Appears in

Oxford Companion to Wine

Oxford Companion to Wine

By Jancis Robinson

Published 2006

  • About

labels, the principal means by which a wine producer or bottler can communicate with a potential customer and consumer (although see also bottles, case, foil).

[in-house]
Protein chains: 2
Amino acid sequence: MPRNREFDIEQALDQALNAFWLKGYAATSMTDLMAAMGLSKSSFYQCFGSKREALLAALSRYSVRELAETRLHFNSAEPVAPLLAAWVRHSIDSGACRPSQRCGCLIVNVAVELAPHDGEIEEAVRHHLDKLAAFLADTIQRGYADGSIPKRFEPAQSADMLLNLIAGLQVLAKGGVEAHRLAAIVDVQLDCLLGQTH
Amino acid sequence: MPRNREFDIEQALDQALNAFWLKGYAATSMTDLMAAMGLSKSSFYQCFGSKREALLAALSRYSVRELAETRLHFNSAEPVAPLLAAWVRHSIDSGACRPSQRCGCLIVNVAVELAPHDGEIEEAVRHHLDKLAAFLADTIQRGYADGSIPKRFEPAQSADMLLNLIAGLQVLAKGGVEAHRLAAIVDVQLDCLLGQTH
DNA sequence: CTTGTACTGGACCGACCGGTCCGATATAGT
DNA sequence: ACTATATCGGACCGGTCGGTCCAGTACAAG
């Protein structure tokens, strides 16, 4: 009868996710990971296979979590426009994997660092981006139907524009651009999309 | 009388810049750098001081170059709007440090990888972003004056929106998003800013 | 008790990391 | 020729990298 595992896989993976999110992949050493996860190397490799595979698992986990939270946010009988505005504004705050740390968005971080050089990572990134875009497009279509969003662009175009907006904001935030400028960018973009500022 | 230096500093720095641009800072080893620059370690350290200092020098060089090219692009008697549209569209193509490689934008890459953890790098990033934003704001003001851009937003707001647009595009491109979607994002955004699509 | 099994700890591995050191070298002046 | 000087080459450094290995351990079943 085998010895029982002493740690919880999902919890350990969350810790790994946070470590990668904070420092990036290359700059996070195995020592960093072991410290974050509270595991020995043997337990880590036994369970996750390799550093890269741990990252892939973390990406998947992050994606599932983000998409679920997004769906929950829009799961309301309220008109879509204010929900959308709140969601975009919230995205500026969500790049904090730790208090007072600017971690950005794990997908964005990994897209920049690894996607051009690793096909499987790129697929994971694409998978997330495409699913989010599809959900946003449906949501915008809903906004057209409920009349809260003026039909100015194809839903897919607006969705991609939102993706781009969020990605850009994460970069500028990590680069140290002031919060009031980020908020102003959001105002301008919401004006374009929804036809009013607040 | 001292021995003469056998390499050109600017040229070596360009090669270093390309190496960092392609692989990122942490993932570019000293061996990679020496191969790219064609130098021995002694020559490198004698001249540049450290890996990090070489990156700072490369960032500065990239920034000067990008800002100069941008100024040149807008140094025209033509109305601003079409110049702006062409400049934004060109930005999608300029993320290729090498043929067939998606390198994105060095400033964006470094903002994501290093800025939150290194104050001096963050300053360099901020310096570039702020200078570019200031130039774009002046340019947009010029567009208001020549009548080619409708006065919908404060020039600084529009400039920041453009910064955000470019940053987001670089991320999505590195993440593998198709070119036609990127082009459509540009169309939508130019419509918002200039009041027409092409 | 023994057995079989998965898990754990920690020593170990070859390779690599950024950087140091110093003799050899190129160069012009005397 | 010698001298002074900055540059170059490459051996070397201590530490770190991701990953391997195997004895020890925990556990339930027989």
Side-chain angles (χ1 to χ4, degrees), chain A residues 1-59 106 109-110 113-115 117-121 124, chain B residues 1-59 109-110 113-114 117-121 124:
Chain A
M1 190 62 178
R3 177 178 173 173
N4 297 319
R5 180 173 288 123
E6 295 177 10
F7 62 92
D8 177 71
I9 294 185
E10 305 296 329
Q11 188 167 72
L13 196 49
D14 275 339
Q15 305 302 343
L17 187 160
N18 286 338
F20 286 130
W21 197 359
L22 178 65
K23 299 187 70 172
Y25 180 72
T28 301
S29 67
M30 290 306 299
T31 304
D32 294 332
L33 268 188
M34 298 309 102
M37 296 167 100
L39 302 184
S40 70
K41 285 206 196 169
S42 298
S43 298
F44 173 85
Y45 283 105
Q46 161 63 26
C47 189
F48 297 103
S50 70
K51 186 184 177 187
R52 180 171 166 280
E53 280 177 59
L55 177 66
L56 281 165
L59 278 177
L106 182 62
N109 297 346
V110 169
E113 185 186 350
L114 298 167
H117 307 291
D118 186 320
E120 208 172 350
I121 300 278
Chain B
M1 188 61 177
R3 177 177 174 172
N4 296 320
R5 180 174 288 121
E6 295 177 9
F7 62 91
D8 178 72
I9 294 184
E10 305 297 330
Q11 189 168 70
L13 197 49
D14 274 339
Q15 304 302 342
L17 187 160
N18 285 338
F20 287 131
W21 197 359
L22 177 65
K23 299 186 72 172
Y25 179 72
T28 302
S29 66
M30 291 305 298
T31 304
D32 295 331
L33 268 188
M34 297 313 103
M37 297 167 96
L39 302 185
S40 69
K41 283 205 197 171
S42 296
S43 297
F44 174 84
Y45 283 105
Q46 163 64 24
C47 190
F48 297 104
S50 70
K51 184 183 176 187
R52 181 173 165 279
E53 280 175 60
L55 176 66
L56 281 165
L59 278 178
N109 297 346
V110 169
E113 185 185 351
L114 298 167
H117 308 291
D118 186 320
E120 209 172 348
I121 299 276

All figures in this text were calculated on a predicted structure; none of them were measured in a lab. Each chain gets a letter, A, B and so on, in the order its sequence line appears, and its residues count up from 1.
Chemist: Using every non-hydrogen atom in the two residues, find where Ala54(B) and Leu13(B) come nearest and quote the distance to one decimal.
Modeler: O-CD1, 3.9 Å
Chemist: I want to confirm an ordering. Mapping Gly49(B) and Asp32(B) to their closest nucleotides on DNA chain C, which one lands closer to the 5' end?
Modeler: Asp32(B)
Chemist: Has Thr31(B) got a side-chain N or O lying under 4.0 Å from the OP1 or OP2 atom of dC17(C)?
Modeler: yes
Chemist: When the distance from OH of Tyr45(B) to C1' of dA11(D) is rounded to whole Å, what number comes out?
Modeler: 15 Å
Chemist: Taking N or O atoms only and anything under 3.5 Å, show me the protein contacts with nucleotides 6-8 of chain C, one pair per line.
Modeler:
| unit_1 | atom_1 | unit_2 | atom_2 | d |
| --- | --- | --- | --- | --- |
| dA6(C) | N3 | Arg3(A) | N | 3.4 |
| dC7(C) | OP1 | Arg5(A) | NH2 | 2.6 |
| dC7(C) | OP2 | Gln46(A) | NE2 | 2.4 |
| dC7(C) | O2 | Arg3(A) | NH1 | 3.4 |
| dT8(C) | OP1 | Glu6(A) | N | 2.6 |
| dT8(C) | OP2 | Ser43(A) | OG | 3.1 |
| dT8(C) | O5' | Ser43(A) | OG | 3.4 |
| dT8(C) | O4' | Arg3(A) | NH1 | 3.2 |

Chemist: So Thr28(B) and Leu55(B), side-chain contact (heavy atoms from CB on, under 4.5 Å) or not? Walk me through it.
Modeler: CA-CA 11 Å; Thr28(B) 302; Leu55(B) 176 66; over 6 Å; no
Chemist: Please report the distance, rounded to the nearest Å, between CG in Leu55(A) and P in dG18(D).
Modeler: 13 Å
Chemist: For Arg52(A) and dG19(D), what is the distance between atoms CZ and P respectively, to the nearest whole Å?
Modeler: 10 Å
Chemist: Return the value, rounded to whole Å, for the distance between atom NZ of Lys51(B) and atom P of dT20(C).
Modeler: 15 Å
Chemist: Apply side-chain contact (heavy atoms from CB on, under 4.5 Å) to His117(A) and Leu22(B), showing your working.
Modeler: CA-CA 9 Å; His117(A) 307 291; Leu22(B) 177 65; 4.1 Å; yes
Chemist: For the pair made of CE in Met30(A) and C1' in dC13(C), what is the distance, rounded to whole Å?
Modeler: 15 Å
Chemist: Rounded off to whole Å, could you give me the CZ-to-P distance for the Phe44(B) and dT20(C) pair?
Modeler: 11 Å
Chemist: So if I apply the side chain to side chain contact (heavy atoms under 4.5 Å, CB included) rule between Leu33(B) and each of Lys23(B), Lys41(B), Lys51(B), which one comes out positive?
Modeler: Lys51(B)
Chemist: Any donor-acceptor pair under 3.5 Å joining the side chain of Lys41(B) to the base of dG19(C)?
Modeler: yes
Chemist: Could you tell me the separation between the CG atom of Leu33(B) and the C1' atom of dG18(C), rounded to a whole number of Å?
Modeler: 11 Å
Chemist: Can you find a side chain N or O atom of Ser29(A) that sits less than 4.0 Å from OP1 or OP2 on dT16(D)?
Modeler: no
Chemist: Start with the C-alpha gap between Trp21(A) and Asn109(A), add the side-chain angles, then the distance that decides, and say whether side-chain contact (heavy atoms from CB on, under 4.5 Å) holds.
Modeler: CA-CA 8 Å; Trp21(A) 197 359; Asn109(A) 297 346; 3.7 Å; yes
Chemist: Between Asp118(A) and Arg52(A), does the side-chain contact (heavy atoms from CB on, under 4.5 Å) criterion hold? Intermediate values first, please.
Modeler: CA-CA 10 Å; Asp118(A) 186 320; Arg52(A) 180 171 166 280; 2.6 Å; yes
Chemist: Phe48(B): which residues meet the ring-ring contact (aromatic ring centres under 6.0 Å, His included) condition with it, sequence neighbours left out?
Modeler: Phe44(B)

Wine labels are a relatively recent development, which awaited the widespread sale of bottled wine, and use of glues strong enough to stick to glass in about 1860. Before then wines were sold unlabelled and stacked in bins, and served in decanters, so bin labels and decanter labels are the precursors of today’s wine-bottle label. For many years, wines were identified by branded corks rather than by paper labels, a habit that persisted longest for vintage port.